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Encyclopedia > Genetic diversity

Genetic diversity is a characteristic of ecosystems and gene pools that describes an attribute which is commonly held to be advantageous for survival -- that there are many different versions of otherwise similar organisms. For example, the Irish potato famine can be attributed in part to the fact that there were so few different genetic strains of potatoes in the country, making it easier for one virus to infect and kill much of the crop. In ecology, an ecosystem is a naturally occurring assemblage of organisms (plant, animal and other living organisms—also referred to as a biotic community or biocoenosis) living together with their environment (or biotope), functioning as a unit of sorts. ... Greg Flesch is a guitarist and musician, best known for his work with the rock bands Daniel Amos and The Swirling Eddies (credited as Gene Pool). Flesch also works in the Atmospheric Laser Spectroscopy Group at the Jet Propulsion Laboratory in Pasadena, California, writing software for the groups tunable... In biology and ecology, an organism (in Greek organon = instrument) is an assembly of molecules that influence each other in such a way that they function as a more or less stable whole and have properties of life. ... Starvation during the famine The Irish Potato Famine, also called The Great Famine or The Great Hunger (Irish: An Gorta Mór), is the name given to a famine which struck Ireland between 1846 and 1849. ... Binomial name Solanum tuberosum L. The potato (Solanum tuberosum) is a perennial plant of the Solanaceae, or nightshade, family, grown for its starchy tuber. ... Three types of viruses: a bacterial virus, otherwise called a bacteriophage (left center); an animal virus (top right); and a retrovirus (bottom right). ... This is a disambiguation page — a navigational aid which lists other pages that might otherwise share the same title. ...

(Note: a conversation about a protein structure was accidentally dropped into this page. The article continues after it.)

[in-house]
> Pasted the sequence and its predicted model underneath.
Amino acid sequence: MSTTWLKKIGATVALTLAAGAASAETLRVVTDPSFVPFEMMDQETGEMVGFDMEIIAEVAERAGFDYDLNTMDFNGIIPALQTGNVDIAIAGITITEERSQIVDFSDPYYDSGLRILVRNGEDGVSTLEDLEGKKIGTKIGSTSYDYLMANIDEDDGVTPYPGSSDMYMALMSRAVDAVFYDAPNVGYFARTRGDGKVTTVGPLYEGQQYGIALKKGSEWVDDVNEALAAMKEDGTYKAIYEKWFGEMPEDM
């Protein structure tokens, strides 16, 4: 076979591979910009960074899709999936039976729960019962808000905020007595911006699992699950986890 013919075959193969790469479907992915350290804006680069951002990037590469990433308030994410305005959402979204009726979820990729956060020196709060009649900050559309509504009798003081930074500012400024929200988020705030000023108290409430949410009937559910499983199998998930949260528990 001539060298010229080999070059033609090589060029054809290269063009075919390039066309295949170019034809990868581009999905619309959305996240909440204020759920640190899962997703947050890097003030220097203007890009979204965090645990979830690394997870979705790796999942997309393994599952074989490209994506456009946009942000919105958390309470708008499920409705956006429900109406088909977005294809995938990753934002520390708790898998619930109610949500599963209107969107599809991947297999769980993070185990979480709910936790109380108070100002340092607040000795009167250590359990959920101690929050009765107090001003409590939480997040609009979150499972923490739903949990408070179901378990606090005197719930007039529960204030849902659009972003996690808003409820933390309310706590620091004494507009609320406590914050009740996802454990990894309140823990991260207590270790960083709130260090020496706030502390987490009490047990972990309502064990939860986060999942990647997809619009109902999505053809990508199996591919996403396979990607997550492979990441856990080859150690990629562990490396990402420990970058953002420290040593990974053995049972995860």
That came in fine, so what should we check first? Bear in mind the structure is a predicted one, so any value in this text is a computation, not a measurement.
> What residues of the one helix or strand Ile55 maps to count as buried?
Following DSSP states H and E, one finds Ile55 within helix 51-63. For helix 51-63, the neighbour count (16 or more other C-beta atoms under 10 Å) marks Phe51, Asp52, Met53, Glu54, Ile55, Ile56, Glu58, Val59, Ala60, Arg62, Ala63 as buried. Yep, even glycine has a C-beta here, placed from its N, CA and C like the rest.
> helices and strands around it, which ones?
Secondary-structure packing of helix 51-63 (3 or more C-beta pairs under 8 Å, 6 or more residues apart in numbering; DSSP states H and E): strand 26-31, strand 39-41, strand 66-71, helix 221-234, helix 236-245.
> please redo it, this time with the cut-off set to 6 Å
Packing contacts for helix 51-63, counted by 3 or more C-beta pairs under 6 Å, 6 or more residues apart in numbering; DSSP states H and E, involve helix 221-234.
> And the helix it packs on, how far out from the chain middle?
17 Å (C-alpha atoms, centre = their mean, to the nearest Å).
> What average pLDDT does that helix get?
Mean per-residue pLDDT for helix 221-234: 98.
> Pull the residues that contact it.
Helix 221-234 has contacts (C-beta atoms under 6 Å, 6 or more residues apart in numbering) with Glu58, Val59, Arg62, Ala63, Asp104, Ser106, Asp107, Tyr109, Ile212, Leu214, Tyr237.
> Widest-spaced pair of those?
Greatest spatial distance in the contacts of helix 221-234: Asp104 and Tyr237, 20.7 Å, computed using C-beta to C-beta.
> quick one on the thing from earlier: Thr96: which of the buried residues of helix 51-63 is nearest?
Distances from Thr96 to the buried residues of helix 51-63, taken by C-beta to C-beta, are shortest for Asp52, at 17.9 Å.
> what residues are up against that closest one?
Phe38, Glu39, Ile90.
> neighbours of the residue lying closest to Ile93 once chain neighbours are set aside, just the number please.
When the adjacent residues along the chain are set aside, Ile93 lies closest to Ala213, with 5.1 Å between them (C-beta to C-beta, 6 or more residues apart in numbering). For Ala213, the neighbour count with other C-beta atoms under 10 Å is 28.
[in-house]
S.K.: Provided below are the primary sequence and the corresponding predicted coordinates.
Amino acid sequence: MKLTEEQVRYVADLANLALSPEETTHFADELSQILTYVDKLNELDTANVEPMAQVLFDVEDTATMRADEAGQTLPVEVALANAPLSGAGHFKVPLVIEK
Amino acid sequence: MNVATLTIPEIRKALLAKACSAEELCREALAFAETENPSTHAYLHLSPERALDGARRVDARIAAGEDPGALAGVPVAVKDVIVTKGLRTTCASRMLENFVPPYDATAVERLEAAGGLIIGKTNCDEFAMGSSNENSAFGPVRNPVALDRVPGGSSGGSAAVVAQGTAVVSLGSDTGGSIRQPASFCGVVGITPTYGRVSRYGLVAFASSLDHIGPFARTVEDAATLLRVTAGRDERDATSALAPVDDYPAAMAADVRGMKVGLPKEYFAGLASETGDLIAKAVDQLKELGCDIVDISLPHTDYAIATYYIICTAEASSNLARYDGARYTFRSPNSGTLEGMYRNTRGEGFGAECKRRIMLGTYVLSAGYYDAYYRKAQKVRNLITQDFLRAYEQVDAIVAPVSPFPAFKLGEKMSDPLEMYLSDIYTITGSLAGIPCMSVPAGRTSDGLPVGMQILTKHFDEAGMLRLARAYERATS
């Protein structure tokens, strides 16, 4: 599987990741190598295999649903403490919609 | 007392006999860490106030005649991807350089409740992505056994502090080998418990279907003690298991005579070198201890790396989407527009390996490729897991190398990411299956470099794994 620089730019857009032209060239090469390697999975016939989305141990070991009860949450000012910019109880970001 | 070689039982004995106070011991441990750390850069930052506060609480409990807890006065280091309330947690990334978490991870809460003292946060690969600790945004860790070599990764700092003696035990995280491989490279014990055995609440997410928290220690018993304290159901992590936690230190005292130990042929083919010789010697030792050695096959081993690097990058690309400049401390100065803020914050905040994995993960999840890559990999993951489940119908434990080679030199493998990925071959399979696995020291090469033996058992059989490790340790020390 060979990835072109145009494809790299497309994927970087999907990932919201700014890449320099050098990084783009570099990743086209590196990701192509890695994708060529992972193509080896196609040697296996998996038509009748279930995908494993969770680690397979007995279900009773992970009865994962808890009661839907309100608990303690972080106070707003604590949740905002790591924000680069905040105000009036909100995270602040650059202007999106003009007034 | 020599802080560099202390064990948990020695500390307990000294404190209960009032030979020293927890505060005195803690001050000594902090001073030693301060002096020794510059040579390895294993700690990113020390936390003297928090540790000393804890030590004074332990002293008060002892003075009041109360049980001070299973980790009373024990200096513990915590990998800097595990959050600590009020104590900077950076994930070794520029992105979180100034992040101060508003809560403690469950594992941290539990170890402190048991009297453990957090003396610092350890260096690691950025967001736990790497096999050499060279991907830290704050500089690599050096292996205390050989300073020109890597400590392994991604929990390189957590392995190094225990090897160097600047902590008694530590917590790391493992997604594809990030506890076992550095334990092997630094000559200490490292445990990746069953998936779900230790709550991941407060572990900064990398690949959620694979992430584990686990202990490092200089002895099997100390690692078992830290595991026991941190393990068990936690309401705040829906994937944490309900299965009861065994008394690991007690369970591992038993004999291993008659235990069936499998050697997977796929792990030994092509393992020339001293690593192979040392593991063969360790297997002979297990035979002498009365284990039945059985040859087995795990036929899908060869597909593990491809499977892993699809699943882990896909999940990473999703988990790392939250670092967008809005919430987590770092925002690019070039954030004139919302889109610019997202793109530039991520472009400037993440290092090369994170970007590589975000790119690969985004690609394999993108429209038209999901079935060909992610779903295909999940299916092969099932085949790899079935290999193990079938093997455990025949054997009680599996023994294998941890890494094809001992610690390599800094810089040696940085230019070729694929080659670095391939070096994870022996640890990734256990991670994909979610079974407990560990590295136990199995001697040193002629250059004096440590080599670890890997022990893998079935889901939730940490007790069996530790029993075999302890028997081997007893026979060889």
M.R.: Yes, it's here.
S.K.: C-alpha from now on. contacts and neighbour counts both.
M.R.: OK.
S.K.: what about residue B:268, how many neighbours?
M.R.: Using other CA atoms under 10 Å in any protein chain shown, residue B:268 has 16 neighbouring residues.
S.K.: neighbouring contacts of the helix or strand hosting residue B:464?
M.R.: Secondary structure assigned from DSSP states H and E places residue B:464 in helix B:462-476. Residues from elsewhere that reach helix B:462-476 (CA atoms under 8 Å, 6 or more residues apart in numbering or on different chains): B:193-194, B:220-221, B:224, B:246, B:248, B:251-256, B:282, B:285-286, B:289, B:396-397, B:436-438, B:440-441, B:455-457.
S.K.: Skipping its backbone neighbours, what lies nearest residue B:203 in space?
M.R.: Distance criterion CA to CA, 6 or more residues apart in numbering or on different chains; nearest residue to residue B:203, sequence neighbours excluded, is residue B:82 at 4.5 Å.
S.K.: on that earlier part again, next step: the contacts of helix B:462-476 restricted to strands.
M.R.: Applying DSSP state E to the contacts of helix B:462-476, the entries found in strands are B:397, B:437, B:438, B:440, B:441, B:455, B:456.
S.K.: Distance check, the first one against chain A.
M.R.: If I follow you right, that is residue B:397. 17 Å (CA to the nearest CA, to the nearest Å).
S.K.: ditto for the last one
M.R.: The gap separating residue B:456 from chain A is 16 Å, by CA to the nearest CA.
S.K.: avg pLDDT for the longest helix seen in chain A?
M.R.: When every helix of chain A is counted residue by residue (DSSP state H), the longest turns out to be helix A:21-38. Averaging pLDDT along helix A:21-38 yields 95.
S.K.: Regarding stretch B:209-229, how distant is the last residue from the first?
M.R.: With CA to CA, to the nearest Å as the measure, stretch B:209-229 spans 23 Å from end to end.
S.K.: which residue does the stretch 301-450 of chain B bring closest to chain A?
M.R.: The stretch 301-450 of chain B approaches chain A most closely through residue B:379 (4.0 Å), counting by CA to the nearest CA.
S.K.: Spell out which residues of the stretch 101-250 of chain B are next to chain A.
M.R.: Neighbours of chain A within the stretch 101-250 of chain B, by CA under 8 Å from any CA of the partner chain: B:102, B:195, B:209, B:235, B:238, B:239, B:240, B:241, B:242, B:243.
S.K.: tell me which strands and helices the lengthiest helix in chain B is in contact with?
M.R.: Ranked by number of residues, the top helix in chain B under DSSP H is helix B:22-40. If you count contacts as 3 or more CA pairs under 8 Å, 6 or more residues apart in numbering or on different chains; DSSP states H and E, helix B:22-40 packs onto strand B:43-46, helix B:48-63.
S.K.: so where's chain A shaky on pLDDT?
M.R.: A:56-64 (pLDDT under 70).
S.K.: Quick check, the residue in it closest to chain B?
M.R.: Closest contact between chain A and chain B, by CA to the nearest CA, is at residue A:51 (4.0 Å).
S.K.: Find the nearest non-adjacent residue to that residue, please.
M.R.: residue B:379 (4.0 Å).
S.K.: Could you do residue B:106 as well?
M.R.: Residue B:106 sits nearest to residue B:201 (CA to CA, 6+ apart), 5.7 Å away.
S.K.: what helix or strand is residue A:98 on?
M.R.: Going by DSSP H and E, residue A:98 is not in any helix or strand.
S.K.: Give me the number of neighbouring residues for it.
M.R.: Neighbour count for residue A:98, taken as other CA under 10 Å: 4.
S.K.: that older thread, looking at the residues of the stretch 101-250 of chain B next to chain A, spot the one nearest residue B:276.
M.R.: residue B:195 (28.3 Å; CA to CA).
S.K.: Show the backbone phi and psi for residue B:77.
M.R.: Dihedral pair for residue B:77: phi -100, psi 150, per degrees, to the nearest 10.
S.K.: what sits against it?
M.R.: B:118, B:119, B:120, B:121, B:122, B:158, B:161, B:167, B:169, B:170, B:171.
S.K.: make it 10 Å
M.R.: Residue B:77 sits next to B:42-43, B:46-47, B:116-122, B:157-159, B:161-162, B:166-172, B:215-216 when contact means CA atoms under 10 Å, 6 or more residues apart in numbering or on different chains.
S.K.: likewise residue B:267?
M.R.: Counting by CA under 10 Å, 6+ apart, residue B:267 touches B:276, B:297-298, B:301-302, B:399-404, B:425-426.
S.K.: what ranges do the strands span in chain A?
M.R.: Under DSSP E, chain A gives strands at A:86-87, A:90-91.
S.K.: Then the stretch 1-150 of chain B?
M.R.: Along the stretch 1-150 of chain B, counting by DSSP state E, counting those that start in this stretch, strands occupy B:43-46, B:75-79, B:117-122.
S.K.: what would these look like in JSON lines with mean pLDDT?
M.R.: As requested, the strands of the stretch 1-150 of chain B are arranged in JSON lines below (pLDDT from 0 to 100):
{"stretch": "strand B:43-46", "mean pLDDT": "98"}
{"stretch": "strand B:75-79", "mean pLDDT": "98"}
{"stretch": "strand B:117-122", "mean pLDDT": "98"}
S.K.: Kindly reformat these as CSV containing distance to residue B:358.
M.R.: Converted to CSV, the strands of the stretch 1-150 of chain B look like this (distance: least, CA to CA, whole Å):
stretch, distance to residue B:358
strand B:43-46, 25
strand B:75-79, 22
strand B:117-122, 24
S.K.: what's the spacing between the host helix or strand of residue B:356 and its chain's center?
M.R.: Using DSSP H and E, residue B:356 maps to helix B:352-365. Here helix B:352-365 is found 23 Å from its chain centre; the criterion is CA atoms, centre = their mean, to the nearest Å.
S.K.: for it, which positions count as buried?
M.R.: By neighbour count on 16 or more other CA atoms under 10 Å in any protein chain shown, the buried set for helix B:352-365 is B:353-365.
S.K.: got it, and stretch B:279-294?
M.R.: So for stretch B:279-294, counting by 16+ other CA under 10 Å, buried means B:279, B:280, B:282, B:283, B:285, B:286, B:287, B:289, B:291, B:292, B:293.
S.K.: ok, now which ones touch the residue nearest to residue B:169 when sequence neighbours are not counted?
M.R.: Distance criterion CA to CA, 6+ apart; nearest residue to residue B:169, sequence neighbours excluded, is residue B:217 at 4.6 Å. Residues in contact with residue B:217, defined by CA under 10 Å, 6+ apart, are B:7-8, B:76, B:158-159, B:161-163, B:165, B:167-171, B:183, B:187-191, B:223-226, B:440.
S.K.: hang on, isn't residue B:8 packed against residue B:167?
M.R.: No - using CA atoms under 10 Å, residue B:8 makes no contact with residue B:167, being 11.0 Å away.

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Genetic diversity - Wikipedia, the free encyclopedia (231 words)
Genetic diversity is a characteristic of ecosystems and gene pools that describes an attribute which is commonly held to be advantageous for survival -- that there are many different versions of otherwise similar organisms.
For example, the Irish potato famine can be attributed in part to the fact that there were so few different genetic strains of potatoes in the country, making it easier for one virus to infect and kill much of the crop.
The neutral theory of evolution proposes that diversity is the result of the accumulation of neutral substitutions.
genetic diversity (1406 words)
Genetic diversity in a population means that the population contains most of the possible alleles (alternate sets of plans) for a particular gene locus rather evenly distributed throughout the population.
The "wholesale genetic slaughter" method may be appropriate in a genetically diverse population with only an occasional individual case of the disease in question.
A reasonable course of action in any genetic disease demands that attention be paid both to removing the gene where possible without seriously degrading the genetic viability of the population, and taking steps to provide increased genetic diversity if it is needed.
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